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Humanism in Doctor Faustus
Transcript of Humanism in Doctor Faustus
The Liminal can also be seen through how the character blurs the boundaries between the social classes by being able to move from low to fairly high class in his lifetime.
some aspects of the revenant are present from the way that Marlowe chooses to describe the past of the character Faustus providing some sense of mystery within the character. "To give me whatsoever I shall ask, To tell me whatsoever I demand, To slay mine enemies and aid my friends" (1,3 ) From this quote Marlowe has used irony to portray the use of imperatives by Faustus despite the character being the one asking for power. Within this scene Faustus has made the ultimate sacrifice of his soul in order to be able to raise to a higher status and using occult religious worship to do so. It is also obvious that the character uses the third person when talking and structures sentences in iambic pentameter which is suggestive of the corruptible unnatural speech that the high status characters share in the play. This therefore goes against humanism and presents religion as an underlying factor to position in society. Within this scene Gothic elements are used throughout.
The supernatural is used with the demon Mephostophilis appearing to Faustus along with figures such as the "dragon" which can be seen as representative of hell. Also, the clear presence of supernatrual powers can be seen through the vanishing and appearing of the figures, the appearance of floating by Lucifer and the dragon and the shock of thunder heard by the audience as the demon enters. Obscurity can also be seen in the previous scenes with Faustus with angels being conjured in Faustus' mind to represent the inner turmoil and mental confusion. Horror and abhuman elements can be seen from the grotesque deformed presentation of the demons appearing on stage and the fear that it creates within the audience. The sublime is also seen with the overwhelming of the forces around Faustus and the awareness that if hell exists then the opposition of Heaven and God must therefore also be present in the play. (directed to horse-courser) "Friend...for ten dollars more, take him" This quote from the beginning of scene 5 is able to present Faustus as being associated with people of the same stature as his original upbringing. Further to this the character even bargains for relatively small amounts of change and commits petty acts of evil despite the great knowledge and power he holds. This can be seen as Marlowe upholding the conventional hierarchy with the non-noble elements of his birth also being the cyclical features in his life. Using this viewpoint it is also possible to see that the eventual demise by the character is used by Marlowe as God reinforcing order within society. Although, despite this the audience are still able to see the use of power by Faustus to turn the horse into straw when the horse-courser rode over water. "The horse-courser a bundle of hay for his forty dollars" (4,5) The quote is able to present Faustus as powerful beyond his peers and able to manipulate nature with ease. Marlowe portrays the character from the start as being able to summon Lucifer and demons with his "conjuring speeches" (1,3) from knowledge researched by Faustus on his own and allows for the power behind science and man to be seen as more powerful than that of religion. The supernatural is seen through the use of Faustus' powers in transforming the horse into straw and from the removal of his leg.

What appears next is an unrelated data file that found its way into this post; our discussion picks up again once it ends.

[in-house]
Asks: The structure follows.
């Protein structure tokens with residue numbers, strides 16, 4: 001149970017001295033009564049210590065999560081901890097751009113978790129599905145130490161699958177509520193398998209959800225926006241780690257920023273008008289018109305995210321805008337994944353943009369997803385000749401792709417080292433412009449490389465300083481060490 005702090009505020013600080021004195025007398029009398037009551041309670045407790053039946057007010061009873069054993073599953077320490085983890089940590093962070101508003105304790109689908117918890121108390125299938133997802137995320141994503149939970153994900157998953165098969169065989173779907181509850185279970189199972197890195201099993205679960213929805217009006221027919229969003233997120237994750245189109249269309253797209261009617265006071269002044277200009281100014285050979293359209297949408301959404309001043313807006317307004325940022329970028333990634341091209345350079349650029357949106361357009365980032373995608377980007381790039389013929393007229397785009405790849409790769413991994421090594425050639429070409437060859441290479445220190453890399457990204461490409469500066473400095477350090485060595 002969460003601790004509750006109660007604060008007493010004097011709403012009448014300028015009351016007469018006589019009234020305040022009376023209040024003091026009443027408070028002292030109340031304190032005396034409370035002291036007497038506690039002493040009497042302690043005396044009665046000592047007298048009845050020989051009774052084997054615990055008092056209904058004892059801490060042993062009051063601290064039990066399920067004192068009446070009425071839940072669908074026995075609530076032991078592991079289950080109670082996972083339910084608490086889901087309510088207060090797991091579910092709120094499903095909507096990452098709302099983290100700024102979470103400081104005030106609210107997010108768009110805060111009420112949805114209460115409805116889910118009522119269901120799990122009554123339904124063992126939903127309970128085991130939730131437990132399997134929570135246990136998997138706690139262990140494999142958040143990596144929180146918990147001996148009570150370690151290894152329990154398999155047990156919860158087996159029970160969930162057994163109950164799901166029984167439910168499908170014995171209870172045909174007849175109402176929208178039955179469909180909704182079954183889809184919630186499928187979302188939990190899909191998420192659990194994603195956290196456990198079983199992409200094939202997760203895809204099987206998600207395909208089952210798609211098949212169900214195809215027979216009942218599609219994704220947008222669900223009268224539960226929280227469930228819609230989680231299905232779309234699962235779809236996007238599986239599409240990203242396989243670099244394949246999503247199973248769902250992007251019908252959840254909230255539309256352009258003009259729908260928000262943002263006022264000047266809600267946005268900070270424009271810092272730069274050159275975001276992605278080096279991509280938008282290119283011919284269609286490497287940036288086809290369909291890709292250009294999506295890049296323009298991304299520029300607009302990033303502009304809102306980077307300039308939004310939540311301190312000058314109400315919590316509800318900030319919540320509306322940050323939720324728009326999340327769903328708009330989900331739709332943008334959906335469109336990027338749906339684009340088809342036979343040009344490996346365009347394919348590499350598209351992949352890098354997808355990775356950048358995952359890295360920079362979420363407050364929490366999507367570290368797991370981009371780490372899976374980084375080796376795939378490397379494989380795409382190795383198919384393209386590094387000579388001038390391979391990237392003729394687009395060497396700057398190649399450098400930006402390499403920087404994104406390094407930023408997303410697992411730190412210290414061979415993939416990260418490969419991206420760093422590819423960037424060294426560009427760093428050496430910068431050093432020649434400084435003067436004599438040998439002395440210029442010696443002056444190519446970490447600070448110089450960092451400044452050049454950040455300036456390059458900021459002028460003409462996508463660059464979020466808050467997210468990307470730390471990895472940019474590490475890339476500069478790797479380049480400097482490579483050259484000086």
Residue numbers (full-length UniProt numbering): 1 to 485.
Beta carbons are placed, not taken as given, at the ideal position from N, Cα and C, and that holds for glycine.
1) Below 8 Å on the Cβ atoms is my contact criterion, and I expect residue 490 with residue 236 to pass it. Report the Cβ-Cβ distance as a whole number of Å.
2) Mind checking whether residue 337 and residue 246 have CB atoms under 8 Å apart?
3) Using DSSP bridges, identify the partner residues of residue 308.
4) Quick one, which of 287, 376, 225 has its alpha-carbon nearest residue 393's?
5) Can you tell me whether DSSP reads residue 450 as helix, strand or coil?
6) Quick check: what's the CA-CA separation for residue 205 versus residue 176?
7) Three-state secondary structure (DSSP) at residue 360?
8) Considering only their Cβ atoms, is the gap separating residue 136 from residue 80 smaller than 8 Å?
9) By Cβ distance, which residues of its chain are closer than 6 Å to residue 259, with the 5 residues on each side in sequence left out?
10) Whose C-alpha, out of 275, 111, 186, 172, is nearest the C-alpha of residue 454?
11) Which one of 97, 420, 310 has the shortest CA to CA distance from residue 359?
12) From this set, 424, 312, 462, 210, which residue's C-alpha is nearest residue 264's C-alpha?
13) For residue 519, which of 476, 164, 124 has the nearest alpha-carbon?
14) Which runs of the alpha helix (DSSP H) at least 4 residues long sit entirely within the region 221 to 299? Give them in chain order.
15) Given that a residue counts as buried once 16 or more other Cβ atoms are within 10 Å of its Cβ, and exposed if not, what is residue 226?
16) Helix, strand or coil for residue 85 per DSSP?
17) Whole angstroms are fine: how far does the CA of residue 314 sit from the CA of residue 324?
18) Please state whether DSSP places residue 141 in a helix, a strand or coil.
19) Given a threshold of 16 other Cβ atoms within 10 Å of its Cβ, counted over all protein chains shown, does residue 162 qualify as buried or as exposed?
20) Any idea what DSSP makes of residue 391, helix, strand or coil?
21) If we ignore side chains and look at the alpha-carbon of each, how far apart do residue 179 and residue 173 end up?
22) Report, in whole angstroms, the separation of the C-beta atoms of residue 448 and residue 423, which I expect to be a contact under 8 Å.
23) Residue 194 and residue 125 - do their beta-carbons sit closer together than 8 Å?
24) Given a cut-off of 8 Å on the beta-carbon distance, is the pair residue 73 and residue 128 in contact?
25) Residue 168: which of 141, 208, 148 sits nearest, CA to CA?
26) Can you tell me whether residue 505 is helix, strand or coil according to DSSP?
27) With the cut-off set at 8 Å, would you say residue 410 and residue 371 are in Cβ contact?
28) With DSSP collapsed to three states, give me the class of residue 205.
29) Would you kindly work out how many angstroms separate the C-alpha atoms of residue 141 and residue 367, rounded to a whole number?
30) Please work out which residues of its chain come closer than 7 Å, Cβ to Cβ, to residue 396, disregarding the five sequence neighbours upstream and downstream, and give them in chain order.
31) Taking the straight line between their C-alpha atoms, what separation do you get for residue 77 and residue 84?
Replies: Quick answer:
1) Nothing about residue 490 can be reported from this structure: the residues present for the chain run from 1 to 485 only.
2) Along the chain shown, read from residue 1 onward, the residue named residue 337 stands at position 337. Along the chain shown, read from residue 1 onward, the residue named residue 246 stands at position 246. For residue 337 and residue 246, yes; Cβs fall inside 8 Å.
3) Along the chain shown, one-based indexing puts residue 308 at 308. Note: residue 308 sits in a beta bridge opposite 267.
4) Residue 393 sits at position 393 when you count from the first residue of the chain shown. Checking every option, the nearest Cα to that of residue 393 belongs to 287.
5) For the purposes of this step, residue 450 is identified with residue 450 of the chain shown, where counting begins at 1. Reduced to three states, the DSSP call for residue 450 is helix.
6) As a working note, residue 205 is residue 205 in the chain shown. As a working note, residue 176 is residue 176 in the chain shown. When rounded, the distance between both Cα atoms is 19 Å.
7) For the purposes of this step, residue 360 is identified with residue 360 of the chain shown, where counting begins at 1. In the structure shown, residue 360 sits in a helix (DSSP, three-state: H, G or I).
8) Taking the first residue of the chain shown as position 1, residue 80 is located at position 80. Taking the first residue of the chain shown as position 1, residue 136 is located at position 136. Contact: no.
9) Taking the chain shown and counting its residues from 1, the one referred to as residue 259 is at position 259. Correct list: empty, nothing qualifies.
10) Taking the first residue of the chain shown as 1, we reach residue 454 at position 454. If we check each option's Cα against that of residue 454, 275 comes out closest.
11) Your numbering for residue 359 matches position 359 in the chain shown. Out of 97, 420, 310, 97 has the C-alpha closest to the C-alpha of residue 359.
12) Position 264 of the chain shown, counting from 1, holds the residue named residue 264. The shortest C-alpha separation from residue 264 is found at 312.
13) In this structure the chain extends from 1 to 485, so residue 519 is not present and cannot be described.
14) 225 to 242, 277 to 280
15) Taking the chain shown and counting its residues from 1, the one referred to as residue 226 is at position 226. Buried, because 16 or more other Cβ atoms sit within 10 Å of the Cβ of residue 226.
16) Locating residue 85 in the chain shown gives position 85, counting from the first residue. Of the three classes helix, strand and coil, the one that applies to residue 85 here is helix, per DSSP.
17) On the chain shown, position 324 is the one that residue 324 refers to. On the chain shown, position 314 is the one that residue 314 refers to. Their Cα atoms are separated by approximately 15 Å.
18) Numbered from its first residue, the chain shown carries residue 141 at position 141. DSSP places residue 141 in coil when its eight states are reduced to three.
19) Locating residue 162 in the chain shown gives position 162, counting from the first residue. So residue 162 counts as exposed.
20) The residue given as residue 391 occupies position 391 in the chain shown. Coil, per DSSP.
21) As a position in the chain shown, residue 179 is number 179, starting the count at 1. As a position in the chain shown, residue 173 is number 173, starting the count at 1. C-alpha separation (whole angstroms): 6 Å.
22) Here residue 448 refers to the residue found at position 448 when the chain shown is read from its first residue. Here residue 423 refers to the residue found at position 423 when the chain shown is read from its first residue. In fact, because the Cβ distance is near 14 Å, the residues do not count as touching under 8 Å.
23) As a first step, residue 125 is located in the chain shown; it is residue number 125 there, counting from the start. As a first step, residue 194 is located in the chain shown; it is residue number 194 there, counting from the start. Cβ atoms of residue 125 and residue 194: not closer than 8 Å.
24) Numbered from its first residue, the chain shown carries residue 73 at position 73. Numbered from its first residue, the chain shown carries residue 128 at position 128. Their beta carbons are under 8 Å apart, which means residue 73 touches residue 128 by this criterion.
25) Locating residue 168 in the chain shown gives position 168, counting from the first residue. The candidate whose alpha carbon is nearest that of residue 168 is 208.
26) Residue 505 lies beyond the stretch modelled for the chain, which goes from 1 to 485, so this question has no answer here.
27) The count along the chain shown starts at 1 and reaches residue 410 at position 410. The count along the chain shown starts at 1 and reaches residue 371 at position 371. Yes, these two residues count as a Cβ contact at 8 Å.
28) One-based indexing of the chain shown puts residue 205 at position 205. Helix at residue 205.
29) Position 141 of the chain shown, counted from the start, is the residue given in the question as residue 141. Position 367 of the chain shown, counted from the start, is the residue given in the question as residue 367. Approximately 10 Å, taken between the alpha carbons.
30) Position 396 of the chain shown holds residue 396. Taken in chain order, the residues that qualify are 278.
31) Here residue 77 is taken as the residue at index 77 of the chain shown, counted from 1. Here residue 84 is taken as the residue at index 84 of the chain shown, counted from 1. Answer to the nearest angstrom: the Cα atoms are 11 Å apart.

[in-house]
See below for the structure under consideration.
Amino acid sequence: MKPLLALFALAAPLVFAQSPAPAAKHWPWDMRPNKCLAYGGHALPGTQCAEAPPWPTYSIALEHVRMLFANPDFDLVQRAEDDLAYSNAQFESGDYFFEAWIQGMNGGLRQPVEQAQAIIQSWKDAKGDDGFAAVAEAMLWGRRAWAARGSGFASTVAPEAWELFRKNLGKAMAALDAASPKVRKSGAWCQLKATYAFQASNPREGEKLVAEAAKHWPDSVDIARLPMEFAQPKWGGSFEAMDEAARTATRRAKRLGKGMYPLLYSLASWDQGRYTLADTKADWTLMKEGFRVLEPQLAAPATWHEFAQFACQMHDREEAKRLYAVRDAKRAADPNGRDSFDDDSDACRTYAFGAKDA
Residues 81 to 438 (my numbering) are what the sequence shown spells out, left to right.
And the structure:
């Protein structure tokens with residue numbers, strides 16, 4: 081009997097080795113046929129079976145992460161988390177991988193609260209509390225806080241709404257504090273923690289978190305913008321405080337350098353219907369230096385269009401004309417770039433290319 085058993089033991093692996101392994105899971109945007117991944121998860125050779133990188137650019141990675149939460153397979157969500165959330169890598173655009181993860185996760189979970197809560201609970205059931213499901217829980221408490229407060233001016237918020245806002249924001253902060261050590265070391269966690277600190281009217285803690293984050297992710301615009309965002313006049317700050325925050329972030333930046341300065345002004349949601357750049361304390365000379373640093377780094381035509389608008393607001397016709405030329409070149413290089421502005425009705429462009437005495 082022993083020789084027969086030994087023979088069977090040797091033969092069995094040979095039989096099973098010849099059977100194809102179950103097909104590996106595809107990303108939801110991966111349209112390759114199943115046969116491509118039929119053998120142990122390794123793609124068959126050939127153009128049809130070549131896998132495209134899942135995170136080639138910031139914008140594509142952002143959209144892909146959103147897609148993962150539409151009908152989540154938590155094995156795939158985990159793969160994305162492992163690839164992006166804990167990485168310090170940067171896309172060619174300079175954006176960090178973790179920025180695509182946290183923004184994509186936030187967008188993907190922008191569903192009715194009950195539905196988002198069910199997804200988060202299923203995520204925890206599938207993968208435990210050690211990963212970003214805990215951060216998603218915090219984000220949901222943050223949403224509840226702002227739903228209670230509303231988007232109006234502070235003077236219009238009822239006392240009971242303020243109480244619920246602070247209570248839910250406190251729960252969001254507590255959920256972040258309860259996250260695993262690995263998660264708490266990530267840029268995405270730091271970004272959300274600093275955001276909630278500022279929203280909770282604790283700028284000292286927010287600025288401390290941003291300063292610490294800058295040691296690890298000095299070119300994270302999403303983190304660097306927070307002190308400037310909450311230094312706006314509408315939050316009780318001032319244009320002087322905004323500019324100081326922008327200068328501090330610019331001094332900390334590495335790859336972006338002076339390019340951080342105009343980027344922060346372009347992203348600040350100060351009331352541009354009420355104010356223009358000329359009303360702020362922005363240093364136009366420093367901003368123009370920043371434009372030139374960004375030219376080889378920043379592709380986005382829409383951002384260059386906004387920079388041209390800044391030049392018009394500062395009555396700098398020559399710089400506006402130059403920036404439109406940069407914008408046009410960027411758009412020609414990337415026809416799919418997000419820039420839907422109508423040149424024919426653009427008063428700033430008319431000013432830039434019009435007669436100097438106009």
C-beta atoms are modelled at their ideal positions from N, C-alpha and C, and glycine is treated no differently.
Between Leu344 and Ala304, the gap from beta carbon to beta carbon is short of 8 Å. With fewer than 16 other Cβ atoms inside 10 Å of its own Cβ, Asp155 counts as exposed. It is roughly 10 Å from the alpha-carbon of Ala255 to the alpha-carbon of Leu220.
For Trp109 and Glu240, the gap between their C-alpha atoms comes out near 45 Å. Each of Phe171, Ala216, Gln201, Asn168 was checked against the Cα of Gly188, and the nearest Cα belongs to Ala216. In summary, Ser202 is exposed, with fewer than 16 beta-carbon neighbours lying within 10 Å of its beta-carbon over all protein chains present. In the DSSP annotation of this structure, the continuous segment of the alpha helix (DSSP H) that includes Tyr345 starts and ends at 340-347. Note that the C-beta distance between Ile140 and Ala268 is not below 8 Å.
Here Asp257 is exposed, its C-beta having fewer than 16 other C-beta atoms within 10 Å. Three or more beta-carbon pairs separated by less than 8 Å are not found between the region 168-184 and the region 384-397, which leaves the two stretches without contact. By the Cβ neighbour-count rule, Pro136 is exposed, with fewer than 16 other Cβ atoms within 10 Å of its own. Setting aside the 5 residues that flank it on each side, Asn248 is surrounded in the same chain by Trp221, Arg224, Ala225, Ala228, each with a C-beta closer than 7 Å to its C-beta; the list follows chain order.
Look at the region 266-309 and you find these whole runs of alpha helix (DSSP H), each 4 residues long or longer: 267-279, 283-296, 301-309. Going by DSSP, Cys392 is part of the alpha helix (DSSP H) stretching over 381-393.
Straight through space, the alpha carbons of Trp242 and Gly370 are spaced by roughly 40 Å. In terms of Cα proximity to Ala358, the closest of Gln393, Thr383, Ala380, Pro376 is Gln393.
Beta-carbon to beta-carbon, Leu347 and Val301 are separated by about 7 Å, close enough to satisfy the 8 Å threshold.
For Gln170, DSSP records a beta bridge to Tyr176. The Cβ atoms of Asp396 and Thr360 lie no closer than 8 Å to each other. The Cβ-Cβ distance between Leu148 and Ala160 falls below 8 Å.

otherness can be seen from the non human abilities that the character Faustus is able to do but also from the contract that the character in under that risks his humanity.